Though Vienna talks resume amid complications raised by Iran FM's accusation that Russia tried to scupper the pact, Moscow representative Ulyanov says all parties are led "by unity of purpose which is full restoration of nuclear deal."
The parties negotiating a revival of the Iran nuclear deal have agreed to speed up efforts to bring the United States and Iran back into compliance, diplomats said.
Iran, Britain, China, France, Germany and Russia began a third round of meetings in Vienna on Tuesday to agree steps that would be needed if the 2015 agreement, which was abandoned by US in 2018, is to be revived.
The main differences are over what sanctions the United States will need to remove, what steps Iran will need to take to resume its obligations to curb its nuclear programme, and how to sequence this process to satisfy both sides.
"The discussions proved that participants are guided by the unity of purpose which is full restoration of the nuclear deal in its original form," Mikhail Ulyanov, Moscow's ambassador to the UN atomic watchdog, said on Twitter after senior diplomats met in the Austrian capital.
"It was decided to expedite the process."
The meeting comes as comments surfaced from the Iranian foreign minister alleging that Russia once tried to scupper the pact.
The Russian Foreign Ministry has thus far refused to comment on the remarks from Foreign Minister Mohammad Javad Zarif, made in a seven-hour interview with a think tank associated with the Iranian presidency that leaked over the weekend.
Russia's Ulyanov, who has outwardly been one of the most optimistic about the possibility of getting Tehran and Washington to agree to terms for the US to rejoin the 2015 deal, also made no mention of the allegations before the meetings on Tuesday, saying in a tweet only that "the participants will continue negotiations on restoration of the nuclear deal."
The new round of the Vienna talks started with official meeting of Joint Commission of #JCPOA. The discussions proved that participants are guided by the unity of purpose which is full restoration of the nuclear deal in its original form. It was decided to expedite the process. pic.twitter.com/svMEe2hYED— Mikhail Ulyanov (@Amb_Ulyanov) April 27, 2021
The US is not at the table because it unilaterally pulled out of the deal in 2018 under then president Donald Trump, who restored and augmented American sanctions in a campaign of "maximum pressure" to try and force Iran into renegotiating the pact with more concessions.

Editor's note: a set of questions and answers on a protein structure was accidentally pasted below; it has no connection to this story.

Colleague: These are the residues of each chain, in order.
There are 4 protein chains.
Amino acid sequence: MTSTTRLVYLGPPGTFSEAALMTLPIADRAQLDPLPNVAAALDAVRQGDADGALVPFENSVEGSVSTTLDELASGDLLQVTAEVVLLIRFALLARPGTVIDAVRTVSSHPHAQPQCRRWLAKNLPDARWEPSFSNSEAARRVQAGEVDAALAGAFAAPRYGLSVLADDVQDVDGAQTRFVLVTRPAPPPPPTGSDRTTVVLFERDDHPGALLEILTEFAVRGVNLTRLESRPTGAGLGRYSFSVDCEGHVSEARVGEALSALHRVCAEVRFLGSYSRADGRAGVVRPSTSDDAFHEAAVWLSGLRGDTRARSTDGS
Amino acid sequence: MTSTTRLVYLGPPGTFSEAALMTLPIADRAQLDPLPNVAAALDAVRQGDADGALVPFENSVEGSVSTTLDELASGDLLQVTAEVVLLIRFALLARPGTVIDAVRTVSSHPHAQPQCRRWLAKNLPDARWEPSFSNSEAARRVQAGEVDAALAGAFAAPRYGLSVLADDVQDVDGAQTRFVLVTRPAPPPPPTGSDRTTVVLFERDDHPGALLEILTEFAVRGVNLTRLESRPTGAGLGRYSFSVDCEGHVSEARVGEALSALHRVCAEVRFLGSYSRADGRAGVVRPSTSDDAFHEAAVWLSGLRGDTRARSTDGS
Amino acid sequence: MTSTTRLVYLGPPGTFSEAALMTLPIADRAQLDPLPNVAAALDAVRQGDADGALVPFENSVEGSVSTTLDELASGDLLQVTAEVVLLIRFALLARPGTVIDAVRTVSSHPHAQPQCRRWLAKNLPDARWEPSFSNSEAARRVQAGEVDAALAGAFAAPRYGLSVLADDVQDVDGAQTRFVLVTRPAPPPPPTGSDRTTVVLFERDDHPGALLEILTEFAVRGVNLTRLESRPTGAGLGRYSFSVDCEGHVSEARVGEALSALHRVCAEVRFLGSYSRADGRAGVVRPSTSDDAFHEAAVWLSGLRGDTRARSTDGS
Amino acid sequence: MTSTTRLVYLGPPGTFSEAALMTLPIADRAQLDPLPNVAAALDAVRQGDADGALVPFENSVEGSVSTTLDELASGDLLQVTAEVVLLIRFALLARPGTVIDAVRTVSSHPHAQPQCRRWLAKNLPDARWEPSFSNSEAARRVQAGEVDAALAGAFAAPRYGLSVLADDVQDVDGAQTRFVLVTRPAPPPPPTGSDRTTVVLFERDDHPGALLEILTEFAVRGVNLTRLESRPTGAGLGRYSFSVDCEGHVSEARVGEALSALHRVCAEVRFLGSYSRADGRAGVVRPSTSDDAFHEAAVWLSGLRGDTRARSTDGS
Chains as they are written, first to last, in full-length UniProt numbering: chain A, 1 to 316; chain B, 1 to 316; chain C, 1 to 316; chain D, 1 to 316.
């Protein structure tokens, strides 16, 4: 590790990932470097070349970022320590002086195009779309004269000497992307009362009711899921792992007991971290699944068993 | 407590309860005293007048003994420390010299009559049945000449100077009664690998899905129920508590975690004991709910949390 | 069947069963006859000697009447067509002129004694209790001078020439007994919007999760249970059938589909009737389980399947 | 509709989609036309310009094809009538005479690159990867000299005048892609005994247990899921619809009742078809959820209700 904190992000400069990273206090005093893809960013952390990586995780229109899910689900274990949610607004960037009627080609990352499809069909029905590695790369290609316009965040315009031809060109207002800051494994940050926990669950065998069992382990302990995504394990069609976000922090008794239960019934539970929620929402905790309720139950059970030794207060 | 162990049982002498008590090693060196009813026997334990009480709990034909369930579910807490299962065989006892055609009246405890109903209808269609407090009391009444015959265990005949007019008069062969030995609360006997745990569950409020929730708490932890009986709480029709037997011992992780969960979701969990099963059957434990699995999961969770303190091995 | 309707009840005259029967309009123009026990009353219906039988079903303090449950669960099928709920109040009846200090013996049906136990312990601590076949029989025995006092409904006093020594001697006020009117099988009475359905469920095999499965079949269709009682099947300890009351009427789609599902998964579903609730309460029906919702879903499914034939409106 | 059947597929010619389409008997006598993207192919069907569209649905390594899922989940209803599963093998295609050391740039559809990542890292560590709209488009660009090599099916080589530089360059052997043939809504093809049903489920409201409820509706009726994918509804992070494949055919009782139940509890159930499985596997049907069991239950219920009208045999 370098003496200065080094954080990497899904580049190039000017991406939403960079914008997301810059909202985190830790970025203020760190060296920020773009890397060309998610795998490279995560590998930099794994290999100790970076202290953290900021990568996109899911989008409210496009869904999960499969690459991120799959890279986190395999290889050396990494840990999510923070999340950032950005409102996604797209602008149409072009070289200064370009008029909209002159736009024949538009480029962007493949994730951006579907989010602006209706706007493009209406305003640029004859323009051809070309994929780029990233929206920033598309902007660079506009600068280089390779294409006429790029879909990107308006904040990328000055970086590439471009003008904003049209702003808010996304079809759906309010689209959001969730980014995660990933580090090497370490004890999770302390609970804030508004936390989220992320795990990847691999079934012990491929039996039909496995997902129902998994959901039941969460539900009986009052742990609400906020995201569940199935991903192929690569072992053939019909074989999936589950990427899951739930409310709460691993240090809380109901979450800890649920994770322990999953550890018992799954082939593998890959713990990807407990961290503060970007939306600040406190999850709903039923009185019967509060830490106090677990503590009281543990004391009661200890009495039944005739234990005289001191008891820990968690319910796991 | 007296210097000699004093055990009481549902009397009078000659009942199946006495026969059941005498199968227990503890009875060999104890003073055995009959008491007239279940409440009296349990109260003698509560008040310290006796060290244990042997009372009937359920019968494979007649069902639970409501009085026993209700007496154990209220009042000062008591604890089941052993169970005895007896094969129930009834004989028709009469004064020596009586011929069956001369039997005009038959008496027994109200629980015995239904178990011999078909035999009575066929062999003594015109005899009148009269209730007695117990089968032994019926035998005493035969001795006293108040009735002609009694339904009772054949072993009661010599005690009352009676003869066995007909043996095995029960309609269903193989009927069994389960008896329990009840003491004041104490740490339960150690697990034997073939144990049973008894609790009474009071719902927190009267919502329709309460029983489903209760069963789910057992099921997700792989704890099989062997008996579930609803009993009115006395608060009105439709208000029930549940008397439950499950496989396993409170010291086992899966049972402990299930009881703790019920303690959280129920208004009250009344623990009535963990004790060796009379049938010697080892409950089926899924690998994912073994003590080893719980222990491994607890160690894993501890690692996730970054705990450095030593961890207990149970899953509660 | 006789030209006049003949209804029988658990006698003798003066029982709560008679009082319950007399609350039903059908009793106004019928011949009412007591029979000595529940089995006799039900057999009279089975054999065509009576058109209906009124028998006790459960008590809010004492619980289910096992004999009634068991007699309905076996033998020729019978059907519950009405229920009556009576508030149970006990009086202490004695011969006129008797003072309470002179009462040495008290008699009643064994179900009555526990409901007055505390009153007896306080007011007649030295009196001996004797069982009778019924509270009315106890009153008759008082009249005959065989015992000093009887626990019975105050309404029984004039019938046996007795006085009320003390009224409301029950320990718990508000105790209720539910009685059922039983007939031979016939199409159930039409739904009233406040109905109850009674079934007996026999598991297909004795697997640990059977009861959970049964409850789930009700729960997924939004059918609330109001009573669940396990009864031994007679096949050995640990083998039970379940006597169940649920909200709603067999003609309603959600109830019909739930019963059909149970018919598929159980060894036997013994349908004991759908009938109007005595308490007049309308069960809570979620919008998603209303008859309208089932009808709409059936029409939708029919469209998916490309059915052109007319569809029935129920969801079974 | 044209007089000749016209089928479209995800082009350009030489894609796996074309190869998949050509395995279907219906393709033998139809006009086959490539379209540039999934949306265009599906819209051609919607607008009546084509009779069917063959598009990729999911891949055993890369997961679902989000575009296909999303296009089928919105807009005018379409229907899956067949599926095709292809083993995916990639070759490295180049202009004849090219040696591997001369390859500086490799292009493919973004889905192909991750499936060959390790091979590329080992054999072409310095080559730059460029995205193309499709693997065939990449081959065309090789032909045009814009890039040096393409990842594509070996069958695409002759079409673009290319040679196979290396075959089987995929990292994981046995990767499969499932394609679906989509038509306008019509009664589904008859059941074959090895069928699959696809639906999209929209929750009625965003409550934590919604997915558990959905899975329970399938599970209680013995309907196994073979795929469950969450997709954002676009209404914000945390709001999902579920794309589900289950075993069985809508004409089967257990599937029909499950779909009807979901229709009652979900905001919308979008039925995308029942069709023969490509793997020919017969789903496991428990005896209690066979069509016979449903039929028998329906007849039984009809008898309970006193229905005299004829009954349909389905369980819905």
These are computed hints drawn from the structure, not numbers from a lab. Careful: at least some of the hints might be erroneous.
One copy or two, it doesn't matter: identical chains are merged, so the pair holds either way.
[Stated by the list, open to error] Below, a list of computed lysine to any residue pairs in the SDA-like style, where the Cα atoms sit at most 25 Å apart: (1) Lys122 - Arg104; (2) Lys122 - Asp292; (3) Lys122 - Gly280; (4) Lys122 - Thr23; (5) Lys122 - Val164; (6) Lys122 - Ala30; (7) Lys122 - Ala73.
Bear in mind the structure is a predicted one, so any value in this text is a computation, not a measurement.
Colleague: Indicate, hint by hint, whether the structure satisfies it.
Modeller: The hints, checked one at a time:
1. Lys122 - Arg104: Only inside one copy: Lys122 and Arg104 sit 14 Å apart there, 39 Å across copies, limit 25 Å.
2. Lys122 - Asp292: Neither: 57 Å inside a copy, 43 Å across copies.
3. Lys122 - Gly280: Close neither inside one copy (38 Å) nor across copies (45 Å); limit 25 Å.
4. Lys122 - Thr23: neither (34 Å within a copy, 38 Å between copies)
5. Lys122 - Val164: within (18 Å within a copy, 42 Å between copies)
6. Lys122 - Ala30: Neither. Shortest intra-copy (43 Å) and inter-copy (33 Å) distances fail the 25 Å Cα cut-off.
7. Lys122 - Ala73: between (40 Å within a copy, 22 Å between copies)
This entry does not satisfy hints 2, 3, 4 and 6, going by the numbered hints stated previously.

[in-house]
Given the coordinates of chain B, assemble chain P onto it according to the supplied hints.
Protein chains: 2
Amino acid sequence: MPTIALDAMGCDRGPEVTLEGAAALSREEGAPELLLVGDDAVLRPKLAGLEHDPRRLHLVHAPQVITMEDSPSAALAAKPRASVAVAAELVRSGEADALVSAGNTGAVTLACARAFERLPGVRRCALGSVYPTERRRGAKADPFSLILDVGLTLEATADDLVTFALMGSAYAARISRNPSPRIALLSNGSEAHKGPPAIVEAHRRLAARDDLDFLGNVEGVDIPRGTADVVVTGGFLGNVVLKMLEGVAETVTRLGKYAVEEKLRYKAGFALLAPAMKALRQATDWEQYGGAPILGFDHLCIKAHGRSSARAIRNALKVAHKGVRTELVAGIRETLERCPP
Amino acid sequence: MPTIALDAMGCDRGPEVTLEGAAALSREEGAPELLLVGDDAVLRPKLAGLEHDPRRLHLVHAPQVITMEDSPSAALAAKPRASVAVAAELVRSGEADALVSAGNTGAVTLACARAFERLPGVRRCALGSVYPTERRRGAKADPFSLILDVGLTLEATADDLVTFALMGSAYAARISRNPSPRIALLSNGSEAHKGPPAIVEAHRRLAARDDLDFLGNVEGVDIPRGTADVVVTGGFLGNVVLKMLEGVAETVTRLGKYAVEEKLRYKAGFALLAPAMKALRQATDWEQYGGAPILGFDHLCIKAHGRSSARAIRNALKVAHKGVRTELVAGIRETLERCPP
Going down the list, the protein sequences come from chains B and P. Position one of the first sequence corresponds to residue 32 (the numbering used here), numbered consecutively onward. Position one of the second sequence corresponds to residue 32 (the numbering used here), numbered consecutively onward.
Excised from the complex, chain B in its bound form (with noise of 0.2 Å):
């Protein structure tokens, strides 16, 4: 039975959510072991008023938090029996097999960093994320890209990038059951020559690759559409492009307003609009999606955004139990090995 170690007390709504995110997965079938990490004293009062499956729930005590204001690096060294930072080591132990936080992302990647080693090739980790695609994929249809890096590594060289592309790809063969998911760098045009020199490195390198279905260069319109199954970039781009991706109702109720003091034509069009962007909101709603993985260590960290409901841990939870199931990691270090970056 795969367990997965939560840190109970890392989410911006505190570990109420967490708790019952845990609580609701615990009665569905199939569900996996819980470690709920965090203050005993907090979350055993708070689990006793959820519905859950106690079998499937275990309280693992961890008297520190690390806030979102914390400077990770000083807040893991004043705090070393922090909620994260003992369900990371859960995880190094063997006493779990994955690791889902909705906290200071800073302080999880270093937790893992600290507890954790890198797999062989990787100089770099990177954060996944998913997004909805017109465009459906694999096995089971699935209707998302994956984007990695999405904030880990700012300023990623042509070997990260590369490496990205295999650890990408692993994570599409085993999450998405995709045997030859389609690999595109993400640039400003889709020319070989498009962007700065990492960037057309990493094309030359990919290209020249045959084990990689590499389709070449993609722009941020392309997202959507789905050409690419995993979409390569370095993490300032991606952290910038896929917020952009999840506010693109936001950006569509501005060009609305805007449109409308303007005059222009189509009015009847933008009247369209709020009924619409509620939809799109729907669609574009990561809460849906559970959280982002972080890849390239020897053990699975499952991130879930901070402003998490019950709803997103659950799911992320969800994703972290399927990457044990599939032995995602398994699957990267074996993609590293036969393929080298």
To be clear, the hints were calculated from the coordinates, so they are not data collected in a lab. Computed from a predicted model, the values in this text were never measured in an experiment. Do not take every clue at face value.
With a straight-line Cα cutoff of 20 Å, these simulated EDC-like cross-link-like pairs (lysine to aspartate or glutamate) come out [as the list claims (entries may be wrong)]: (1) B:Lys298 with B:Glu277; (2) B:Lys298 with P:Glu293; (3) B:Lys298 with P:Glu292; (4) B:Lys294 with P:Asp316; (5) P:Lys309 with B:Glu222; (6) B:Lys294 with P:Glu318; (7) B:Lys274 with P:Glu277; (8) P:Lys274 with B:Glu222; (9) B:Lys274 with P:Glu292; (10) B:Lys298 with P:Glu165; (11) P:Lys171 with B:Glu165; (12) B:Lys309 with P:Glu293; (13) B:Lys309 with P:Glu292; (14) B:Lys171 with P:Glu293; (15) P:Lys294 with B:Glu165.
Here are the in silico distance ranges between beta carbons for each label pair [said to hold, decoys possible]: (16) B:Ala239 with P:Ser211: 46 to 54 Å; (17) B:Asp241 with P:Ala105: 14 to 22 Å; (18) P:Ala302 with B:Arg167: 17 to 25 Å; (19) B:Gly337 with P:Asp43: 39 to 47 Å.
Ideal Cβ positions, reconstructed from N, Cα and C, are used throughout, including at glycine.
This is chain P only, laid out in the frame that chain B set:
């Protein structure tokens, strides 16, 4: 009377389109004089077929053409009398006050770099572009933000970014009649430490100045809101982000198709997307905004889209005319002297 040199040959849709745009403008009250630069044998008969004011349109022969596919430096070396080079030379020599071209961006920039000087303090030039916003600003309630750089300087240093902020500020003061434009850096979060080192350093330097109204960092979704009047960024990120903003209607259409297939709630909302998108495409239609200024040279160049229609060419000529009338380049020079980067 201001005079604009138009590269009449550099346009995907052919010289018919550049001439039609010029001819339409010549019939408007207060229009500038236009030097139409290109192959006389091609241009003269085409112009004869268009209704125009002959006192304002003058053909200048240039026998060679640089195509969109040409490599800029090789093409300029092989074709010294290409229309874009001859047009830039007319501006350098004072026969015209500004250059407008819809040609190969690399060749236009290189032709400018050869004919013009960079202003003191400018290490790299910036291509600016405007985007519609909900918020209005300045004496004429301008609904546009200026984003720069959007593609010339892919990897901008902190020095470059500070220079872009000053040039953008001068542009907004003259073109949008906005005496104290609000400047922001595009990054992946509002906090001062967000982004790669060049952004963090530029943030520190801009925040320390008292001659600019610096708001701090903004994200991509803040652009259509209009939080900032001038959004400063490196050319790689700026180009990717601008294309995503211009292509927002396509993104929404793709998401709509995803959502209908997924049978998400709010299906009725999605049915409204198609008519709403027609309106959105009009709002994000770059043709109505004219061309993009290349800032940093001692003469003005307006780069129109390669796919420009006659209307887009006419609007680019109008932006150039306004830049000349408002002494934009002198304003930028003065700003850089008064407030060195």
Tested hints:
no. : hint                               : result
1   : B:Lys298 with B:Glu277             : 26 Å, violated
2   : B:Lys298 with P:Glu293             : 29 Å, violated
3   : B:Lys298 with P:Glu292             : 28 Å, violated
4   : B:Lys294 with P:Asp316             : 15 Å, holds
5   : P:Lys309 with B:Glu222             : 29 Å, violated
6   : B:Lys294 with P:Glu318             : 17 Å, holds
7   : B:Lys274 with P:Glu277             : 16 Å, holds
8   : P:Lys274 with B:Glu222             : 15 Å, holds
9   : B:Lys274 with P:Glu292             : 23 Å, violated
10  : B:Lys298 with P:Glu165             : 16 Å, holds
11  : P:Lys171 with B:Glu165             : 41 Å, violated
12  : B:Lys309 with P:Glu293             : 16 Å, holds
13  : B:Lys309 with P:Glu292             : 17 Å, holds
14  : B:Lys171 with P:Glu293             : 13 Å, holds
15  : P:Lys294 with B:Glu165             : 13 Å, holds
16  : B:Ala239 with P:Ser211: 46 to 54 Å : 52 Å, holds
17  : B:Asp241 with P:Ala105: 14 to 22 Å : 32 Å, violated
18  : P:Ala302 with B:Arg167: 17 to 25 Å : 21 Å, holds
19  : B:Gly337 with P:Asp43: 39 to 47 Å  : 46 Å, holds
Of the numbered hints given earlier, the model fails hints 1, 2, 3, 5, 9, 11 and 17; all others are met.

President Joe Biden wants to rejoin the deal, however, and there is a US delegation in Vienna taking part in indirect talks with Iran, with diplomats from the other world powers acting as go-betweens.
The deal promises Iran economic incentives in exchange for curbs on its nuclear programme.
The reimposition of American sanctions has left the country's economy reeling, and Tehran has reacted by steadily increasing its violations of the restrictions of the deal, such as increasing the purity of uranium it enriches and its stockpiles, in a thus-far unsuccessful effort to pressure the other countries to provide relief.
Complicating Vienna talks
The ultimate goal of the deal is to prevent Iran from developing a nuclear bomb, something it insists it doesn’t want to do. Iran now has enough enriched uranium to make a bomb, but nowhere near the amount it had before the nuclear deal was signed.
The comments from Zarif, who himself helped negotiate the original 2015 nuclear deal, have the potential to complicate the Vienna talks, which are currently focused on how the US would roll back its sanctions — and which ones — and how Iran would return to compliance.
In the interview, reviewed by The Associated Press, Zarif describes Russia as wanting to stop the nuclear deal before it was struck under the Obama administration in 2015, suggesting Moscow wanted to keep Iran at odds with the West.
Iran's Foreign Ministry has called the leak of the recording "illegal," but hasn't disputed its authenticity.
The Vienna talks began in early April, and there have been several rounds of high-level discussions, while expert groups have been working on proposals on how to resolve the issues around American sanctions and Iranian compliance, as well as the "possible sequencing" of the US return.
The comments from Zarif are just the latest complication that the diplomats have to deal with.
Among other things, an attack suspected to have been carried out by Israel recently struck Iran's Natanz nuclear site, causing an unknown amount of damage.
Tehran retaliated by beginning to enrich a small amount of uranium up to 60 percent purity, its highest level ever.